The Business Plan And Private Placement Memo

Since a private placement memorandum, usually abbreviated as the PPM, is the norm in most deals, the founder should familiarize himself with the standards for memorandum preparation, keeping in mind that, like any legal document, there are various audiences. The audience composed of potential plaintiffs (and, theoretically at least, the SEC enforcement staff) will read the document against the requirements contained in the cases imposing liability. The audience composed of investors will read the document for its substantive content: “What are the terms of the deal?” To professional investors interested enough to become potential buyers, the private placement memorandum is a handy collection of only some of the information they are interested in, plus a lot of surplus verbiage (the empty language about suitability standards, for example). To the issuer, it is a sales document, putting the best face possible on the company and its prospects. To the managers, the memorandum is a summary of the business plan. Indeed, it may incorporate the business plan as an exhibit or be “wrapped around” the plan itself—a memorialization of how the business is to be conducted.

The first page of the PPM, the cover page, contains some of the information one might see on the front of a statutory prospectus: name of the issuer, summary description of the securities to be sold, whether the issue is primary (proceeds to the issuer) and/or secondary (proceeds to selling shareholders), the price per share, the gross and net proceeds (minus selling commissions and expenses), and a risk factor or two (that is, the offering is “highly speculative” and the securities will not be liquid). Some would argue a date is important, because, legally, the document speaks as of a certain date. However, if the memo becomes substantively stale between the offer and the closing, it is critical that the issuer update and circulate it; omission of material information as of the closing is not excusable on the theory that the memo displays an earlier date. Moreover, a dated memorandum will appear just that—dated—if a few months elapse and the issue is still unsold. A related issue is whether to specify a minimum amount of proceeds that must be subscribed if the offering is to go forward. If the financing is subject to a “minimum,” a reference belongs on the cover page. It makes common sense that there be a critical mass in most placements; however, a stated requirement that X dollars be raised or all subscriptions returned inhibits an early-closing strategy—the ability to “close,” if only in escrow—with the most eager of the issuer‘s potential investors. Such “closings ” may not be substantively meaningful; the deal may be that the “closing” will be revisited if more money is not raised. However, a first closing can have a salubrious shock effect on the overall financing; it can bring to a halt ongoing (sometimes interminable) negotiations on the terms of the deal and create a bandwagon effect.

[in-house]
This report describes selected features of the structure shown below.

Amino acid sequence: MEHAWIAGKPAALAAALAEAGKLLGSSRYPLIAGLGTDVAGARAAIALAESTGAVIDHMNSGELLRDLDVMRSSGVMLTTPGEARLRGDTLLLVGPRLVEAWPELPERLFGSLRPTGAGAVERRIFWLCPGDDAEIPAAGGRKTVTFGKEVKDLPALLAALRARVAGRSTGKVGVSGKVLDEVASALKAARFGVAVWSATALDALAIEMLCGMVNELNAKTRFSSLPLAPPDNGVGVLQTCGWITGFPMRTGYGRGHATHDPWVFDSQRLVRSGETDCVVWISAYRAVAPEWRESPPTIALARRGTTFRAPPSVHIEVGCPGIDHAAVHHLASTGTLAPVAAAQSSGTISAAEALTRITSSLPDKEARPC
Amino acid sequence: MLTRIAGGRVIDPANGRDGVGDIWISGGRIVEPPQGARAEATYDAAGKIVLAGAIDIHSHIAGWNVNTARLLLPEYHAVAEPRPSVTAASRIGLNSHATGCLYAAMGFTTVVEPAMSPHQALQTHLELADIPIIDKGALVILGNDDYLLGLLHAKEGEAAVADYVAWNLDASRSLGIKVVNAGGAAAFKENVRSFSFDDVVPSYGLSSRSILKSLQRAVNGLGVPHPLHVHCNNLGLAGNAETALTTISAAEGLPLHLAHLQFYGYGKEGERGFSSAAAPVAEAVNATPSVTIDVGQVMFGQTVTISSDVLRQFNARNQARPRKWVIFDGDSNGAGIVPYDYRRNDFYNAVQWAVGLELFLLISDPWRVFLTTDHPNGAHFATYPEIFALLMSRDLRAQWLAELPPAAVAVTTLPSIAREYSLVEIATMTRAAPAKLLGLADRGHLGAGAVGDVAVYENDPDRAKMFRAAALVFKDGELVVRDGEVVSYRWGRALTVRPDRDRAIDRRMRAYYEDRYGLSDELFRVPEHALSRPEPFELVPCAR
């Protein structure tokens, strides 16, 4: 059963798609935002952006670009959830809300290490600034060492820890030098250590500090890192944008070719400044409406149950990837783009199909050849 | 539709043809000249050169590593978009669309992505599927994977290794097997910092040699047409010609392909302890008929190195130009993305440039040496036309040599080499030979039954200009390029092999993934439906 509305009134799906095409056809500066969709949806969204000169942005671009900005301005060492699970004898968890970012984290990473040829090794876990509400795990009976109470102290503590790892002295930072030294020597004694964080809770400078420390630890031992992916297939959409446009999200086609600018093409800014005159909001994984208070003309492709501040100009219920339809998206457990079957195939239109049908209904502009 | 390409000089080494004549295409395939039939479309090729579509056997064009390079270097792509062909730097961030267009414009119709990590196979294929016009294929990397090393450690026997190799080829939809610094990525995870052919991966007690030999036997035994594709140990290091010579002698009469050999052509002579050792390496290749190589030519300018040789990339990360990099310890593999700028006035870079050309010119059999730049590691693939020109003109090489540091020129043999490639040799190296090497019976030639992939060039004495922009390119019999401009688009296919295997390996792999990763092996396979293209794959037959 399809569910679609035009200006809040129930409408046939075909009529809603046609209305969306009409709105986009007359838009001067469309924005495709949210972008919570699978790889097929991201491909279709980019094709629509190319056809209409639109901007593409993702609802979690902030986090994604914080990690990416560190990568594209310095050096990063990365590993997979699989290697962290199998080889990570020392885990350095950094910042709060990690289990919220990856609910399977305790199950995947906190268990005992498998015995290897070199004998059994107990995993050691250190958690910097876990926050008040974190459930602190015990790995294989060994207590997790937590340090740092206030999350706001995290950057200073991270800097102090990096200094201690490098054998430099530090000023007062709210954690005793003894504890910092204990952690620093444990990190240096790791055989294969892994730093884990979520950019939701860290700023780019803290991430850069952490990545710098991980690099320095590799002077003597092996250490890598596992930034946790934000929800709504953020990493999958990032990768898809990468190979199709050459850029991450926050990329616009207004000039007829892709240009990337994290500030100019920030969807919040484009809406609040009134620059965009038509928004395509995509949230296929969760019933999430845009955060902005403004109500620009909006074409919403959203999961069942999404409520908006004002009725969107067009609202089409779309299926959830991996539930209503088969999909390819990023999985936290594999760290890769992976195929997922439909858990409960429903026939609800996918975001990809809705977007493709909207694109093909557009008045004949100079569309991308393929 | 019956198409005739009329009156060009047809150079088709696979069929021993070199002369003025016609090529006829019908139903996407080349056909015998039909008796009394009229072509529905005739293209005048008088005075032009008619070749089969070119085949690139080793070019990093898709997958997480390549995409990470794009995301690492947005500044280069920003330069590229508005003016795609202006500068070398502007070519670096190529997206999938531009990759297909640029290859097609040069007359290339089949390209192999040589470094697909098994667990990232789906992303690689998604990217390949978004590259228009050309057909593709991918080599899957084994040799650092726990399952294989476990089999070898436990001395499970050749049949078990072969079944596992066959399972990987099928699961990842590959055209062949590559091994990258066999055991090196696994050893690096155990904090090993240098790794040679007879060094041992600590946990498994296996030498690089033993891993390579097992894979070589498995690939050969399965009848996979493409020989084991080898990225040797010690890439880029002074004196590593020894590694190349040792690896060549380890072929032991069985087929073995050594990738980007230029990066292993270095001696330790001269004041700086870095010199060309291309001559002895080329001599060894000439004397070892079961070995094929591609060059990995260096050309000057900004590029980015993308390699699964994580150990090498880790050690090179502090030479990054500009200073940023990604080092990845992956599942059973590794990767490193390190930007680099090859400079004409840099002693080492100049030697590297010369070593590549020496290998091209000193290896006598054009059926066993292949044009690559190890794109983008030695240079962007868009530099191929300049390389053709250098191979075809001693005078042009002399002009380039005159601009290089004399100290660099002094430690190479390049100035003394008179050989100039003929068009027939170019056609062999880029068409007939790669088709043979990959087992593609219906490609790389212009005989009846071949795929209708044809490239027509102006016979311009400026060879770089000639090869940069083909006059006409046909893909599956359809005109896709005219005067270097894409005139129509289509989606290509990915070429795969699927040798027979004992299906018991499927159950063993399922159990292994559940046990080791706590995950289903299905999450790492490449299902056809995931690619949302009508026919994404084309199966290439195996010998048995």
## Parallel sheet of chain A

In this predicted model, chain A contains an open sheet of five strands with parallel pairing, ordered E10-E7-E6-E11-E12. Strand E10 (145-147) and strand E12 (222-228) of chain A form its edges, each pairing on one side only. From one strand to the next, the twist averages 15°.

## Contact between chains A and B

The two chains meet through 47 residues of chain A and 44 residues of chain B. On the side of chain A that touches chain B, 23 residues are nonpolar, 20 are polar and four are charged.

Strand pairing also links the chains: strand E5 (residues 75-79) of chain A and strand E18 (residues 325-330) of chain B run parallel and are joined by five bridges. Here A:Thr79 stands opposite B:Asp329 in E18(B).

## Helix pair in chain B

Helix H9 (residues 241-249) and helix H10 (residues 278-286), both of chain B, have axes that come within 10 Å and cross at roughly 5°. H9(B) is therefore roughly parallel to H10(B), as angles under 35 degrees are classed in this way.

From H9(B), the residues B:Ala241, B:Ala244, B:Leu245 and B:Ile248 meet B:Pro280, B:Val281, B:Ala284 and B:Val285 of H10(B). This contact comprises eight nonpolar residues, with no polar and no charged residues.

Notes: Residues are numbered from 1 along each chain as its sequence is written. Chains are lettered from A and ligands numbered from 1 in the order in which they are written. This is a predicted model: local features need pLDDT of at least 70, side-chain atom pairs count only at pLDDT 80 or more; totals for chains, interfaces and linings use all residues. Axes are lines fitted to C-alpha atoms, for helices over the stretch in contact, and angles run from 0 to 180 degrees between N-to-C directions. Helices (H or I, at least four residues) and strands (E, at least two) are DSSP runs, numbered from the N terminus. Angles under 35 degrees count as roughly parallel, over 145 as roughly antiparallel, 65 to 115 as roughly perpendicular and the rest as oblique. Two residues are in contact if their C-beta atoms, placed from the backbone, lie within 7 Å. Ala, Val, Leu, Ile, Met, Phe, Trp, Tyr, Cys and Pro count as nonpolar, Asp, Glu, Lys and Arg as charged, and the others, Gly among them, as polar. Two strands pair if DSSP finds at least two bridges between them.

The cover page should be notated, a handwritten number inscribed to help record the destination of each private placement memorandum. It is also customary to reflect self-serving, exculpatory language (of varying effectiveness in protecting the issuer), that is:

1. The offer is only an offer in jurisdictions where it can be legally made and then only to persons meeting suitability standards imposed by state and federal law. (The offer is, in fact, an “offer” whenever and to whomsoever a court designates.)

2. The memorandum is not to be reproduced (about the same effectiveness as stamping Department of Defense papers “Eyes Only,” a legend understood in bureaucratese to mean, “may be important … make several copies”).

3. No person is authorized to give out any information other than that contained in the memo. (Since the frequent practice is for selling agents to expand liberally on the memo’s contents, it would be extraordinary if extraneous statements by an authorized agent of the issuer were not allowed in evidence against the issuer, unless perhaps they are expressly inconsistent with the language of the memo.)

4. The private placement memorandum contains summaries of important documents (a statement of the obvious), and the summaries are “qualified by reference” to the full documentation. (A materially inaccurate summary is unlikely to be excused simply because investors were cautioned to read the entire instrument.)

5. Each investor is urged to consult his own attorney and accountant. (No one knows what this means; if the legally expertised portions of the private placement memorandum are otherwise actionably false, it would take an unusually forgiving judge to decide the plaintiff should have obeyed the command and hired personal counsel.)